In the presentation, I argued that "baptism must be administered by the church, which is to say, by particular churches. Each local assembly which is a true church is an expression of the body of Christ at that time and place, and no other person or institution is authorized by Christ to administer baptism. Baptism should not be administered by grandpa in the backyard pool or by Joe counselor at the local Christian camp. To do so risks making baptism a merely human act that God has not authorized, on the one hand, and on the other hand it fails to unite the one baptized with any real expression of the body of Christ."
That argument prompted this question, "Philip baptized the Ethiopian in the middle of the desert. The jailor and his family were baptized that same hour of the same night that they heard the gospel. Lydia likewise. All of these examples were not performed by the church as a body. Isn't any person who is a baptized believer part of Christ's church? If so, based on the examples from scripture this statement concerning who should baptize or where and when seems to be in error."
In response, I wrote what follows. I don't think it was the best response possible, but perhaps it is helpful. I submit it to you for your judgment.
In each of the cases you mentioned, as well as most other instances in the book of Acts, there was no local church to represent Christ in that place at that time. There was, however, an apostle to baptize in Jesus’ name. The church began with the apostles’ ministry. When they baptized, they were acting as authorized representatives of Christ. The apostles eventually moved off the scene, but the church carried on Christ’s commission by baptizing and teaching all that he had commanded....
The question then becomes, “Who is authorized to represent Christ today by baptizing those who receive the Word?” For you see, when we baptize someone we are claiming to be enacting what Jesus does by his Spirit (1 Cor 12:13). That’s a big claim. Can just anyone who feels like it do it? Could my seven year old daughter, who is a believer, claim to be enacting the Spirit’s work and then proceed to baptize someone? Furthermore, how can others know that one is a believer and a representative of Christ? Just because I say I am?
Today we tend to reason simplistically like this:
- Each individual believer represents Christ.
- Each individual who represents Christ is authorized to act publicly on Christ’s behalf.
- Therefore, each individual believer is authorized to act publicly on Christ’s behalf (and we then quickly assume, to baptize people).
But this reasoning leaves important truth out of the equation. It is true that each believer represents Christ, but not each believer purely as an individual. Each believer represents Christ as a member of his body. To say that each believer represents Christ purely as an individual is like saying that I can be married purely [read: solely; in isolation] as an individual. But this is impossible, for marriage by definition includes a spouse of the opposite sex. I cannot be a husband without having a wife. I cannot be a Christian, representing Christ, without being placed into the body of Christ.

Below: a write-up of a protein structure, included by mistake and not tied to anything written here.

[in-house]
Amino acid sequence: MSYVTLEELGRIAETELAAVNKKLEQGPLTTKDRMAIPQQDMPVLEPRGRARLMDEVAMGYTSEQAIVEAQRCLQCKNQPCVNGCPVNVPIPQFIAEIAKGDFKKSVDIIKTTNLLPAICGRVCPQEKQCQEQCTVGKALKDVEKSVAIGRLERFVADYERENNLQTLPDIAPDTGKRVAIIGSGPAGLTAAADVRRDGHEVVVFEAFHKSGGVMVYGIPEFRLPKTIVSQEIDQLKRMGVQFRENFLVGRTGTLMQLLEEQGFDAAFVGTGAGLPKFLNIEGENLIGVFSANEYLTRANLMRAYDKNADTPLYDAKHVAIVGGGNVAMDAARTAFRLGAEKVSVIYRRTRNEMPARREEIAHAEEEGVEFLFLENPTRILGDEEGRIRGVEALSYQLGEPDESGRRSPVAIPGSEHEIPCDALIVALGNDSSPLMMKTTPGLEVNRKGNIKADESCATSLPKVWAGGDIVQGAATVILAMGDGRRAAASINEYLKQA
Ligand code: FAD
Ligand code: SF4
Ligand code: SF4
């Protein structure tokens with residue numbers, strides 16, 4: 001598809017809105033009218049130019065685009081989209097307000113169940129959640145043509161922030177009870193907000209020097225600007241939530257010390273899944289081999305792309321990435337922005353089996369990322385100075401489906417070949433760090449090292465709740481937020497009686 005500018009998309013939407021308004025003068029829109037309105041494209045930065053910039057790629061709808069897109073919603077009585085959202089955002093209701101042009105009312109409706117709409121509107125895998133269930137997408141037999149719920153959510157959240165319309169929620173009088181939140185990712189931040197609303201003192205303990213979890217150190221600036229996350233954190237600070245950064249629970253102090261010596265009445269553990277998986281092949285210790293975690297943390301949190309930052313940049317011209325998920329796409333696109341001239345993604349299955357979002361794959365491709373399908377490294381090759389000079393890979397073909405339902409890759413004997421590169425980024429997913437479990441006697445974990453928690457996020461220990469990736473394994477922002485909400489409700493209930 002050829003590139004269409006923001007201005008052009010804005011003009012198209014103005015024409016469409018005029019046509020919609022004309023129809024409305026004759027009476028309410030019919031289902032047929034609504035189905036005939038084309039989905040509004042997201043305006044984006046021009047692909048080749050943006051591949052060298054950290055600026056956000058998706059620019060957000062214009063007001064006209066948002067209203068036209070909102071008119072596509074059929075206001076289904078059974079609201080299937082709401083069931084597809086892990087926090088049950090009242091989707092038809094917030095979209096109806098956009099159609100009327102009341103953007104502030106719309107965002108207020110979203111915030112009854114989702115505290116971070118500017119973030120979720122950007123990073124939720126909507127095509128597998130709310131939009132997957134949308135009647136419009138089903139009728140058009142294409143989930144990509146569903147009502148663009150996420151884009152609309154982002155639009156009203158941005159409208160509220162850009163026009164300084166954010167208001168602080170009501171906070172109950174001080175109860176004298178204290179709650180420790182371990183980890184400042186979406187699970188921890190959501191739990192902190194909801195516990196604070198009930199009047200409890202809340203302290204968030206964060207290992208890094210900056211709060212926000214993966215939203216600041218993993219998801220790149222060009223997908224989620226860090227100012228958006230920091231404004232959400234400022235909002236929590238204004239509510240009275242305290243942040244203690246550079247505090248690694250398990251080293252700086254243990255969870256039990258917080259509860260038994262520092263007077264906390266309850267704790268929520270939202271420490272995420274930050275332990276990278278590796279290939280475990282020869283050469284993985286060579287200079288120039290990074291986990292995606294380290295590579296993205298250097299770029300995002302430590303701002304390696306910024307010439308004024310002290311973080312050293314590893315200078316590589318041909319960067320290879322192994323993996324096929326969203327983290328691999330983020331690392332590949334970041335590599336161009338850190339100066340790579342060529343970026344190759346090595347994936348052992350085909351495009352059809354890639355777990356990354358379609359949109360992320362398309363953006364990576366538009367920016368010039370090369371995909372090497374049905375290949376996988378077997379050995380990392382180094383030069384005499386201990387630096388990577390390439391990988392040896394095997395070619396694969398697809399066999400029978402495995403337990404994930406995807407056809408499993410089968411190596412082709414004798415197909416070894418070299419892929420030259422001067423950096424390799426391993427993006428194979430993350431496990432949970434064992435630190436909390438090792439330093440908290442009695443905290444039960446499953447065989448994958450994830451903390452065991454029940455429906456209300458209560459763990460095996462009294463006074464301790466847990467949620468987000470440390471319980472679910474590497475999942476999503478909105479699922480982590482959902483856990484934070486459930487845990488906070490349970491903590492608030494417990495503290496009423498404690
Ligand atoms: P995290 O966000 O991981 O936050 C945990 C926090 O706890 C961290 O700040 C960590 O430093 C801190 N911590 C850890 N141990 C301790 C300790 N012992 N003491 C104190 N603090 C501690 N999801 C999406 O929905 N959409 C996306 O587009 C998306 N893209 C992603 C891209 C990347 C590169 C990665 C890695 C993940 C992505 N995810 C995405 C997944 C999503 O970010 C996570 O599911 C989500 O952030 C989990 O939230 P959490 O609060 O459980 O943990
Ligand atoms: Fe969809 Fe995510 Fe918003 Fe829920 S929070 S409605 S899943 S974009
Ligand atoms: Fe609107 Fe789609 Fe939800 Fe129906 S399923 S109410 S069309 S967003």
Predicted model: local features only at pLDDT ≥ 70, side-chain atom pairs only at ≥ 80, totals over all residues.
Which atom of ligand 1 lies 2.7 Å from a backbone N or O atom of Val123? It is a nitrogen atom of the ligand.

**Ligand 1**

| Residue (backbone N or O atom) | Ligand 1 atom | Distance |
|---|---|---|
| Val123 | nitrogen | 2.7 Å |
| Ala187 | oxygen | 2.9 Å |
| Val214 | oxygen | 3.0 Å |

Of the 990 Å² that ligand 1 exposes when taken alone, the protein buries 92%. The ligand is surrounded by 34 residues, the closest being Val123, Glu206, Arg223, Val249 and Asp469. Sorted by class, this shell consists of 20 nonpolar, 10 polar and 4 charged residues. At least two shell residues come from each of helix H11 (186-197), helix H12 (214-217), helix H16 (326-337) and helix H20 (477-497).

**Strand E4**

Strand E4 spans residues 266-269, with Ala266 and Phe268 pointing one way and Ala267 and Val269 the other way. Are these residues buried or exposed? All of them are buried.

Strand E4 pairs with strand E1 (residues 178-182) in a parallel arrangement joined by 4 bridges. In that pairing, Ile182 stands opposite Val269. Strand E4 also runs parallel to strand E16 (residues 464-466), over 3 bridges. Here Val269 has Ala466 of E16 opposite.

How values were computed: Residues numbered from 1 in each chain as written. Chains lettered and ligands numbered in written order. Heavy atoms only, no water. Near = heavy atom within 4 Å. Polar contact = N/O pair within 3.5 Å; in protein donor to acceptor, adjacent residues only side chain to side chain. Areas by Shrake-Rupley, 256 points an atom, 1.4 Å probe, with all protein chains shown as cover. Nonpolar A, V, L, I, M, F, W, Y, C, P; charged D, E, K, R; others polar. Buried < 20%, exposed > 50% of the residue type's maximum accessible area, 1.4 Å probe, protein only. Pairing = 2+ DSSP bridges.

Another analogy to tease out a little of the importance of this corporate connection: As an American citizen, if I travel to another country, people will look at me as a representative of American people. That is legitimate, for that is what I am. Nevertheless, the fact that I represent America on that level does not authorize me to enter into a treaty with that country, to give federal money to that country, or to wage war on that country. I am not a representative of America in that sense.
So it is in the church, the body of Christ. We all represent Christ, but there is order to how this works out. Since baptism is a public admission to the body of Christ, the rite which enacts our initiation into the body of Christ, it is a function of the church, not of any individual within the church. The church is the people, but no individual is the church. Christ has established offices in the church and has given pastors and teachers to the church so that the church is equipped to carry out his work (Eph 4:11-16). There is structure and leadership to the way the church operates. No individual can claim to publicly represent the church and act on behalf of the church without being authorized by the church. No matter which way you slice it, if you have a biblical understanding of baptism as I attempted to put forward in my little study, you will end up with the necessity of the church.
One further thought. Claiming the authority to baptize, and thus to admit people to the church, correlates with the authority to discipline, and thus to remove people from the church. Can any individual believer, purely as an individual, pronounce another person outside the body of Christ? No. This is the prerogative of the church, not of any individual (Matt 16:13-20; 18:15-20). We certainly don’t want a crowd of “protestant popes” running around, each claiming to be the real vicar of Christ, excommunicating people whenever they want to. Likewise, we don’t want a bunch of individualists running around, each claiming to be the real representative of Christ, baptizing people whenever they want to.
We have to deal with the same question that Jesus put to the Jewish elders regarding John's baptism, albeit in a different context. Is our baptism from heaven or from men?